Why barriers to learning cause you to take more lessons than necessary

Barriers to Learning

There are many things that can prevent you from learning to drive well, but by knowing this you can counteract them. There are also things that can help you to learn.
The various aspects will be encountered at different times.

Some can be addressed before the lessons begin
Some while you are actually learning a task
Some after you have had a go.
In order to learn quickly and well we need to
Minimise the unhelpful stuff
Maximise the useful stuff.
Here’s a list of stuff, first the problems that can be caused by you, your instructor, or other factors that need to be addressed.
Then the positive stuff that you and your instructor can use to make things easier
.
Your Learning Barriers

Which of these might apply to you?

Before the Lesson

Motivational

Do you want to learn or is someone else making you?
Are you keen to read the rest of this page to help the learning process and save yourself time and money

Knowledge about Learning

Learning is about building pathways in the brain, driving is about using them.
They are as different as building a house and living in it

Understanding of The Driving Test

The test is about demonstrating safe routines, not quick reactions.
Over 50% of instructors don’t fully brief their pupils about the test, which is possibly why over 50% fail

Understanding of What is Meant by ‘Safe’ or ‘Risk Management’

It’s about others feeling safe, not just you not hitting anything.
This is the first thing that many drivers forget after passing their test.

Knowledge about Driving Instructors

Not knowing that there are different grades of instructors and qualities of teaching.
Instructors that teach methodically rather than heuristically give better quality lessons that produce safer drivers and higher pass rates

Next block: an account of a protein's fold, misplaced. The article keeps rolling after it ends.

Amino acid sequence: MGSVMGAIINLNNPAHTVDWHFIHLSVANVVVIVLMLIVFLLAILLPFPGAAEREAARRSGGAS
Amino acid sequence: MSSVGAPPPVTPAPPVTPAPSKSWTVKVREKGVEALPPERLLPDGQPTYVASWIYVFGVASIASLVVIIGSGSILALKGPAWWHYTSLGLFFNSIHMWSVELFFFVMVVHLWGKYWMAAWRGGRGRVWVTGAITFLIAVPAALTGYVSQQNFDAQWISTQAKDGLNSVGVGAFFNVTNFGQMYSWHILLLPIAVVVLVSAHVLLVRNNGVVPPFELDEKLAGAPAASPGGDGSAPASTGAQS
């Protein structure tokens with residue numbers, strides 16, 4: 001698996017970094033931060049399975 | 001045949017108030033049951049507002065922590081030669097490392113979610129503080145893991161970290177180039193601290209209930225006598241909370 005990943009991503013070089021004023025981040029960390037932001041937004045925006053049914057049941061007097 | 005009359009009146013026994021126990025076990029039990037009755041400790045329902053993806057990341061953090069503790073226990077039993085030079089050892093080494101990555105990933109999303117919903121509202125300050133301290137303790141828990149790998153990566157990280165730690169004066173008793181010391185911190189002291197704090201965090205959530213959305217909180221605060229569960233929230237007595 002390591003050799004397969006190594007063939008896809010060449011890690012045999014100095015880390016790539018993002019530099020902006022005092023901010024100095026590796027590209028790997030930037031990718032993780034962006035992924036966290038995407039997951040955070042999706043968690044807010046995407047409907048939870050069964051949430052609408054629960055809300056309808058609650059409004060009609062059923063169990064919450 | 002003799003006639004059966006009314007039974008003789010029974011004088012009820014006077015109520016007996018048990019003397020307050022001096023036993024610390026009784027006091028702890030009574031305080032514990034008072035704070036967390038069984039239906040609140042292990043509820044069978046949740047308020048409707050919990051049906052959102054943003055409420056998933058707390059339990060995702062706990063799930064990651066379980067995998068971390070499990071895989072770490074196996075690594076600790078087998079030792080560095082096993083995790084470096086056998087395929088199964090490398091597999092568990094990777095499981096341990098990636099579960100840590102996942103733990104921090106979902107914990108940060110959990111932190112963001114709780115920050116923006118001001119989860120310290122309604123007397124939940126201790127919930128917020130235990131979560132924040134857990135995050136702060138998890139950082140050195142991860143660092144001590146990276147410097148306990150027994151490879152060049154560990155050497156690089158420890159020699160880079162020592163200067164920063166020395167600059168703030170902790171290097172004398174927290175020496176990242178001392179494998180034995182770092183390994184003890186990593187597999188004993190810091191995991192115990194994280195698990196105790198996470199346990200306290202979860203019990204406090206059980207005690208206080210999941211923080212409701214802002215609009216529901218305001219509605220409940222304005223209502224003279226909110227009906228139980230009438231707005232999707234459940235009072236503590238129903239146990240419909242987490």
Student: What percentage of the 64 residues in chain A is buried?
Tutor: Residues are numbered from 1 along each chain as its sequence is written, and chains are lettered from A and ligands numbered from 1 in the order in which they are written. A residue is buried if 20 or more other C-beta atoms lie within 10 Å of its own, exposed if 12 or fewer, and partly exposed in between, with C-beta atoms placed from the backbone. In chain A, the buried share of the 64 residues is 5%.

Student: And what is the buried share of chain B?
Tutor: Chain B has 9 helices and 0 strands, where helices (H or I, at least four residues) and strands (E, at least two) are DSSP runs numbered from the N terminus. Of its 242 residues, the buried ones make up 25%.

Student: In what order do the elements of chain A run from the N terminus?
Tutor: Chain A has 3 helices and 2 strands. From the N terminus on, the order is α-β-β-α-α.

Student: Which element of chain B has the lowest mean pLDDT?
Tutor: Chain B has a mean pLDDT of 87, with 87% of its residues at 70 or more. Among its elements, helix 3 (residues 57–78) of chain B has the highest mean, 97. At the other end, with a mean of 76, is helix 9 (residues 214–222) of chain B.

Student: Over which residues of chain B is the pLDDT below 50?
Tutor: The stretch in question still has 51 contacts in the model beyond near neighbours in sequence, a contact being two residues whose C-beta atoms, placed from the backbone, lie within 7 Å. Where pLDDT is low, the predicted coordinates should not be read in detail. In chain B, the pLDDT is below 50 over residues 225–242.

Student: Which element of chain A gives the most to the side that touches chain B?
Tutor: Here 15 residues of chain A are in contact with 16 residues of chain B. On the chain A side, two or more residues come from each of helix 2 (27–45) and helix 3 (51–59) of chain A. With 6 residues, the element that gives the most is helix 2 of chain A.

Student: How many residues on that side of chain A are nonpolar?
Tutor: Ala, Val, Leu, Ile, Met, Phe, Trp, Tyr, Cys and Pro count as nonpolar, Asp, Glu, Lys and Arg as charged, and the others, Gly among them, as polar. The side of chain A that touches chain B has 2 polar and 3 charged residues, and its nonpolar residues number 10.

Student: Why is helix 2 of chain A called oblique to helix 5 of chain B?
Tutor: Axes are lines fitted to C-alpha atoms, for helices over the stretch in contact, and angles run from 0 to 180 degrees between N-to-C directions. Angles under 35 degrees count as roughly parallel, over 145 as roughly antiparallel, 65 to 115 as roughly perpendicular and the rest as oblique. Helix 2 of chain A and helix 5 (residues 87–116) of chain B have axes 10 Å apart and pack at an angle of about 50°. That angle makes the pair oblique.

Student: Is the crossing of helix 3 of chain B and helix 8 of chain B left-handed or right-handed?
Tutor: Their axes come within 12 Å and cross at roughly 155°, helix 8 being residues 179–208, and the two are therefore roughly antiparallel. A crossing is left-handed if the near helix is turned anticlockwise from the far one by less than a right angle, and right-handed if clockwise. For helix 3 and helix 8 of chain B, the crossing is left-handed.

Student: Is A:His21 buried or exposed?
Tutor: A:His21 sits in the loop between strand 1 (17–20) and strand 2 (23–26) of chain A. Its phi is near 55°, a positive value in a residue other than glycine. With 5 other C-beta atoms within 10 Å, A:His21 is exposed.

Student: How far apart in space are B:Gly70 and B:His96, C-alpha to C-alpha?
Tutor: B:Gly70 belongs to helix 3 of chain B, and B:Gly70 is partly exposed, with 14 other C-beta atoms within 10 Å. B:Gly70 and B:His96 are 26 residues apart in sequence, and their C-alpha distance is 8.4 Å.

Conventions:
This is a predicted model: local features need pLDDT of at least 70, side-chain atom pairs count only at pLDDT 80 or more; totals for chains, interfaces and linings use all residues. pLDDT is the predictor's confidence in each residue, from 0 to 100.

Financial

Causes people to seek the cheapest option, so if a bad choice is made the least money is lost.
It is tricky to see the benefit of quality services rather than quality goods before purchase

Barriers During Lesson

Motivational

As before

Natural Ability

Poor Hand (and foot) to Eye Co-ordination.
This can be overcome by good instruction

Concentration

Are there other things that you are thinking about (Extraneous Cognitive Load)
If you can’t fully concentrate you’re unlikely to get the best from yourself or your lesson

Current Habits

Learner’s natural reaction to a familiar similar situation that has non apparent differences.
When driving around a corner, Learners often use inappropriate habits that they have formed by walking around corners

Resistance

Reaction to instruction that is not in line with what they have learned previously.
Prior knowledge has already burned its way into our belief system and has been reinforcing itself in our subconscious day after day since then

Dwelling on Mistakes

Thinking about what went wrong rather than concentrating on the current (sub)task.
Increases unhelpful cognitive load

Barriers Between Task Practices

Frustration

Due to inability to perform seemingly simple task.
Usually due to one of the above or a
Quest for Perfection
Needing to be the Best with minimal experience.
Often a problem for high achieving individuals

Timidity

Failing to say you don’t understand, or asking questions for fear of ‘looking stupid.
It is said that the only ‘stupid’ question is one that isn’t asked

Acceptance of Mediocrity

Ability peaking at ‘good enough’, so that 100% concentration is needed to be ‘good enough’.
If you accept mediocrity while learning it’s likely that your concentration on test will not be at 100% all the time and your mediocre level of performance will sometime lapse to unacceptable performance